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Haiti

On January 12, 2012, a magnitude 6.7 earthquake struck the small island nation of Haiti, killing over 300,000 people and leaving countless more injured or trapped. As the incident unfolded, search and rescue teams began flying in from every corner of the world and the U.S. Military deployed a Marine Expeditionary Unit and the Army 82nd Airborne to aid in the relief effort. Despite all of this initial aid, helping survivors receive access to medical care and emergency supplies remained an enormous challenge. After being in contact with personnel on the ground, founder Adam Marlatt inserted into the Dominican Republic and crossed over the border into Haiti by land. He, along with several other responders, facilitated emergency patient transport, critical supply delivery, and large scale food drops. From that moment, Global Disaster Immediate Response Team (DIRT) was born.

Patient transport was a gigantic challenge after the earthquake in Port-au-Prince, the nation’s capital. Congested roadways compounded by debris in the streets cut off access to parts of the city, and the lack of pre-existing Emergency Medical Services (EMS) made patient movement nearly impossible. The team quickly identified routes that were still open as well as the locations of pre-existing medical facilities and clinics that were popping up due to international medical teams flooding the area to provide assistance. Utilizing a bread truck as a mass casualty ambulance, the team quickly became the go-to people for patient movement. The truck held 14 patients at a time and would transport from overloaded clinics to hospitals that could provide aid for the injuries the patient presented. In the immediate phase of the disaster, the team moved thousands of patients to dozens of facilities and facilitated the movement of patients to the USS Comfort hospital ship.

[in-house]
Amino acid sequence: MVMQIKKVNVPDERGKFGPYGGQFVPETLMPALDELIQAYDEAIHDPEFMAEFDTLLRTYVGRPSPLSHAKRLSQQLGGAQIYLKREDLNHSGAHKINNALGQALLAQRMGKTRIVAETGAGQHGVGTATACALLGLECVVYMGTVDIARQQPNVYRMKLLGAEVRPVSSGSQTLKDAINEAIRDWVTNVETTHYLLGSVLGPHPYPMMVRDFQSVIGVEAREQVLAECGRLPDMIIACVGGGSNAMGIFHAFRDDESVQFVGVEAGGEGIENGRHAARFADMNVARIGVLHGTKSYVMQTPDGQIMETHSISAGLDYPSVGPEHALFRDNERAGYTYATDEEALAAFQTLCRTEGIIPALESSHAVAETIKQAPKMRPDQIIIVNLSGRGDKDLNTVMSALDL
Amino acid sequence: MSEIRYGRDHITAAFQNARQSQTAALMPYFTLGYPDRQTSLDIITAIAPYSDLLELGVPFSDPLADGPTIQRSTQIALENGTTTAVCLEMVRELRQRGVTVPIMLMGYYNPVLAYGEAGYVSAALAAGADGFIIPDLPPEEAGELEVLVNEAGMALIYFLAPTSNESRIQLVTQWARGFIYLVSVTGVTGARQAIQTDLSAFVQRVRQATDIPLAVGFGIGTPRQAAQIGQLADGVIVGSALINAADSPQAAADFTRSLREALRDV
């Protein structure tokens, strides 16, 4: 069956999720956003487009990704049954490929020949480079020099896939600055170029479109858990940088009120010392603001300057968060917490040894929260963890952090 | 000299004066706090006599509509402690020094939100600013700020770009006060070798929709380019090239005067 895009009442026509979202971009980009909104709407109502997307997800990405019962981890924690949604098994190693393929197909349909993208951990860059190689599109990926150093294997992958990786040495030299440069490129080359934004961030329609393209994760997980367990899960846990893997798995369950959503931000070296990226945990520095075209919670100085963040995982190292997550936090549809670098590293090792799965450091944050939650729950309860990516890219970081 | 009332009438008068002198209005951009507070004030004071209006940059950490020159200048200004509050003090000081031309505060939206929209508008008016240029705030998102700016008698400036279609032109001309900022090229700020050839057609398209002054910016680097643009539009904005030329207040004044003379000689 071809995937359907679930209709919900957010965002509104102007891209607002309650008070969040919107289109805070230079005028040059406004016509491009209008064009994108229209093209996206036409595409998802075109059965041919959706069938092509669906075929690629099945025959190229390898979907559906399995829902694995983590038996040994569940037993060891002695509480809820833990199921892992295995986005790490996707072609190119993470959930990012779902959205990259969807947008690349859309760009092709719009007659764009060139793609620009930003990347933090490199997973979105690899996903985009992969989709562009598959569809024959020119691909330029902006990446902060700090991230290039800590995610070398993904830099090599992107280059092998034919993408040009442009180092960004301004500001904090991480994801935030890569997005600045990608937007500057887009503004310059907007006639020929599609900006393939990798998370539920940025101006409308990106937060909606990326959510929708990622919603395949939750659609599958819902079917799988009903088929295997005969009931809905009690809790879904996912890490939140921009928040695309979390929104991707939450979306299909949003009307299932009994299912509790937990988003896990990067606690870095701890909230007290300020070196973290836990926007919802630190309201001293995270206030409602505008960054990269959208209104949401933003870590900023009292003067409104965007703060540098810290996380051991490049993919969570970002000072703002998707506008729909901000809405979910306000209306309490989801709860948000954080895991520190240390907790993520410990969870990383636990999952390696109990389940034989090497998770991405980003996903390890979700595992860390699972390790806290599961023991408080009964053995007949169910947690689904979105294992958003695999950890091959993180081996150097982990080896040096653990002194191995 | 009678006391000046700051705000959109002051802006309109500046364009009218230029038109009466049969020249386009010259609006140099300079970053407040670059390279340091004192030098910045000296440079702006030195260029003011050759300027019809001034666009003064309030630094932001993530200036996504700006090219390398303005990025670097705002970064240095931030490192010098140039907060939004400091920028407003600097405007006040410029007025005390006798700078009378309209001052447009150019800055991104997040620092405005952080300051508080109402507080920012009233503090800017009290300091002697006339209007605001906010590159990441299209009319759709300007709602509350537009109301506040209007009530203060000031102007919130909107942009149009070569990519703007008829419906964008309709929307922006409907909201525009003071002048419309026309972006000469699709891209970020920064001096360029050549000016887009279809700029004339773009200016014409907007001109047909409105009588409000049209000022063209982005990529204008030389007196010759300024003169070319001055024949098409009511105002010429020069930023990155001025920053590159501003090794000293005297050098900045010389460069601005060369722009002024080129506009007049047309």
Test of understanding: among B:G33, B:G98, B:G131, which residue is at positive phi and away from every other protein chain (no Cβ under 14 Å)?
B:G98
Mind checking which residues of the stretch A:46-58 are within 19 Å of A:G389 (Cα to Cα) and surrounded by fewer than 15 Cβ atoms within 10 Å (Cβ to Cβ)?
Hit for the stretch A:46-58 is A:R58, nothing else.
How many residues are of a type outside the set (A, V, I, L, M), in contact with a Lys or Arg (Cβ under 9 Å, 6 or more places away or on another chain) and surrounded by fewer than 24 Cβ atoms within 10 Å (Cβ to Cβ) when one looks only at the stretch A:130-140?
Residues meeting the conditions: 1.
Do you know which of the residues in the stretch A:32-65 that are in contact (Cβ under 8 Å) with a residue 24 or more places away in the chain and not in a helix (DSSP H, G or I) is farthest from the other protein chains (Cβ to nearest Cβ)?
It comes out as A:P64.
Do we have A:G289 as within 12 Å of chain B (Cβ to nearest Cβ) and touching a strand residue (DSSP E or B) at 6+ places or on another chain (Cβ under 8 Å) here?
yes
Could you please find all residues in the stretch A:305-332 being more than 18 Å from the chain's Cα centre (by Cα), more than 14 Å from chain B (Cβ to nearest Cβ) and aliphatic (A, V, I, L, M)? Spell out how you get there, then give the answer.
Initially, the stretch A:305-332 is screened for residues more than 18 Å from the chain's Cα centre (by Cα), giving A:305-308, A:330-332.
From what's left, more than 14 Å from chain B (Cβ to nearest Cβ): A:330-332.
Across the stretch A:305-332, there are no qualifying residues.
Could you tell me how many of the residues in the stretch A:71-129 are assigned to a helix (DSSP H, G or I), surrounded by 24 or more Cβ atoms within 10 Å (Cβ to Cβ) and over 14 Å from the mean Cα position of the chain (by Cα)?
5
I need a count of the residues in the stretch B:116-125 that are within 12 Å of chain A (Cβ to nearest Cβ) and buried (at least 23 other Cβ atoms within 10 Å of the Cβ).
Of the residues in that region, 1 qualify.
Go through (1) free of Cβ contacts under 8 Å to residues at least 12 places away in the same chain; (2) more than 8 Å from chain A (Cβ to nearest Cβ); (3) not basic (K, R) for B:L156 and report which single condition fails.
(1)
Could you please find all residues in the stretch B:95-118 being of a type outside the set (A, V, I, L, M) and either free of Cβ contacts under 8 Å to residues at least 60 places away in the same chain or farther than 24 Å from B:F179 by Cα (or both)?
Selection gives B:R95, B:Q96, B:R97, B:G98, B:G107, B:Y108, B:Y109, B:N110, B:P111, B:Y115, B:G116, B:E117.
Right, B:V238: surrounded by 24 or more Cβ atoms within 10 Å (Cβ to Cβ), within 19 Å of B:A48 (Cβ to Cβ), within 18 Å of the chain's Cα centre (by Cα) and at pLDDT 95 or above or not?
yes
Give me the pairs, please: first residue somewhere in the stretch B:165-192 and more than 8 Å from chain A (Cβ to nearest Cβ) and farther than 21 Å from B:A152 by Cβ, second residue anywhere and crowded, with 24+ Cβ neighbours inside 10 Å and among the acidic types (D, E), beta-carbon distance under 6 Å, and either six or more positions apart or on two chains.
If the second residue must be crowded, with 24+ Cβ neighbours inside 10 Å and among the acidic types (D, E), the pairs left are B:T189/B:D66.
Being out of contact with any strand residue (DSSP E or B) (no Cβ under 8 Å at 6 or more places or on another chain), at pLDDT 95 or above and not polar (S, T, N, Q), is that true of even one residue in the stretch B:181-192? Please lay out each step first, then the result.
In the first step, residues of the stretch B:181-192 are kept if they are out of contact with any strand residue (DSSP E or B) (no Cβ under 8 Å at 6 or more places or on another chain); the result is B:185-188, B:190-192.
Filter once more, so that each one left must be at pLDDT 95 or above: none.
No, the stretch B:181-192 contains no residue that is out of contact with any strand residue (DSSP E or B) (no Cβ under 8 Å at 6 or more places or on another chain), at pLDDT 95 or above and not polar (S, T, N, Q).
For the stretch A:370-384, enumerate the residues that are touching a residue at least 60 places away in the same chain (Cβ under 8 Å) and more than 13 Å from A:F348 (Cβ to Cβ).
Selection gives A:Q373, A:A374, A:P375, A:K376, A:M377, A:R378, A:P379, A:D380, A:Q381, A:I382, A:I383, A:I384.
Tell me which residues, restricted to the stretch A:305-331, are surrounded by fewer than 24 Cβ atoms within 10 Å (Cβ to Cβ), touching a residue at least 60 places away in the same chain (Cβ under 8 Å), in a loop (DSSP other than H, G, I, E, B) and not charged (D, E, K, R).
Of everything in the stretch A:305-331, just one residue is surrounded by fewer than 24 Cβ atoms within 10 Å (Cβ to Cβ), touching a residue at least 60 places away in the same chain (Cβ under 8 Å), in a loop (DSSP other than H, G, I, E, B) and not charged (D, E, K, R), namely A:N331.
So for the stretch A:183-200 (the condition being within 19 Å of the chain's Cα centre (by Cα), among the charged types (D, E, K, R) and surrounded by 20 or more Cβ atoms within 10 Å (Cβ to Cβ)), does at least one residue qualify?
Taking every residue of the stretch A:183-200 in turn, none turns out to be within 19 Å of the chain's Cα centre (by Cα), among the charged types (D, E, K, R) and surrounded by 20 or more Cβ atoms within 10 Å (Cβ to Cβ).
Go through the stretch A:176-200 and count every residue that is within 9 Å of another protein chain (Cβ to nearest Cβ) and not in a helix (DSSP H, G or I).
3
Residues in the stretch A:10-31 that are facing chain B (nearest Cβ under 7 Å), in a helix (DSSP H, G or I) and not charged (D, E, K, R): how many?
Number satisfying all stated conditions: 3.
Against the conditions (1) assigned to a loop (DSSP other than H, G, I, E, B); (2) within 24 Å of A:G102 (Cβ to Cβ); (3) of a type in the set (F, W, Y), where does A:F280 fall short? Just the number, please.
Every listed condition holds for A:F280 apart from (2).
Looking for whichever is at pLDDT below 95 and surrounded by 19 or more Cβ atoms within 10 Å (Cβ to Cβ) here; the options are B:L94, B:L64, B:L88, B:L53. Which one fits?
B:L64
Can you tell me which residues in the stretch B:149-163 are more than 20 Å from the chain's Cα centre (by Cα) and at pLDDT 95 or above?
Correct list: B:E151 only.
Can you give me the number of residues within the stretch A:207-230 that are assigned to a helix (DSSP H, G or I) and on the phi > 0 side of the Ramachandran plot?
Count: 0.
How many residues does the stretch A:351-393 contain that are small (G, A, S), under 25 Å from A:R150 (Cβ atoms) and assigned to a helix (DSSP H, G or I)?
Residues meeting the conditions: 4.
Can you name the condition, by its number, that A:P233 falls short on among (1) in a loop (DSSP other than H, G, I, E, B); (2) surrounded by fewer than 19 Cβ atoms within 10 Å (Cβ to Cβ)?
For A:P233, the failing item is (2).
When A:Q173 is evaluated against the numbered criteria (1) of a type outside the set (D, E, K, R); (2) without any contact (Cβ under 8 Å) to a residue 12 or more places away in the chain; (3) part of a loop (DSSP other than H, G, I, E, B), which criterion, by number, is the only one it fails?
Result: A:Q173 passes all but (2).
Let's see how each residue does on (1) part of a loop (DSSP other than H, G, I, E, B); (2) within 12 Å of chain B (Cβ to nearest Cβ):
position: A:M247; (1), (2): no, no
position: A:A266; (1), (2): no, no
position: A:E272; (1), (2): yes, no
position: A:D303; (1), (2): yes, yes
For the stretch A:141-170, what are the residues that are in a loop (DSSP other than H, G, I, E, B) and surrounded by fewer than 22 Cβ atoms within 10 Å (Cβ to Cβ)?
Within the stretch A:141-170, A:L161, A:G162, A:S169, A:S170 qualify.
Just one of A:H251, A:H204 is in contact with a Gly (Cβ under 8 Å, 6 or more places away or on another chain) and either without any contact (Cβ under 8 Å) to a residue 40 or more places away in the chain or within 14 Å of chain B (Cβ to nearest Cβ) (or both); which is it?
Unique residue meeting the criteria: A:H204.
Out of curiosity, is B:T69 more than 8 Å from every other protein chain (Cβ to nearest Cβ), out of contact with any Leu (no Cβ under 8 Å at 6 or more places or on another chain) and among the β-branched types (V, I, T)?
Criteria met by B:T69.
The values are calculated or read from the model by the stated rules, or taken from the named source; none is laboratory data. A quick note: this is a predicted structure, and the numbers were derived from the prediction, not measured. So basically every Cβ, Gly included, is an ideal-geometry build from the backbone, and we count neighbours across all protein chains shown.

As the recovery effort continued, supplies ran short as aid groups struggled to get items off the airport tarmac and out of the shipping port. Global DIRT continued operations during this time and began deploying an all-volunteer crew of prior service military personnel and subject matter experts. After identifying the locations of most facilities offering free medical care, the team began moving excess supplies from facilities to others that had a critical need. The team also identified local supply access to gasoline, jet fuel, IV medications, and oxygen, facilitating the emergency resupply of hospitals as well as the air medical evacuation of critical patients.

The team was also alerted to unsolicited shipping container donations located at the port that USAID was not able to move. The team developed a direct distribution model and moved 1.5 million pounds of food, water, medicine, and clothing to schools and orphanages across Haiti in one day with hundreds of smaller vehicles donated by local NGOs. The model was then implemented to move 10 million pounds of humanitarian assistance meals-ready-to-eat (MREs) by the United Nations World Food Program. Since deploying to Haiti in January 2010, Global DIRT has moved over 200 shipments of critical supplies, provided emergency transport to thousands of survivors, and helped countless more during hospital rotations and mobile clinics.

Global DIRT’s mission in Haiti is ongoing to improve disaster response and build critical infrastructure to better handle future disasters.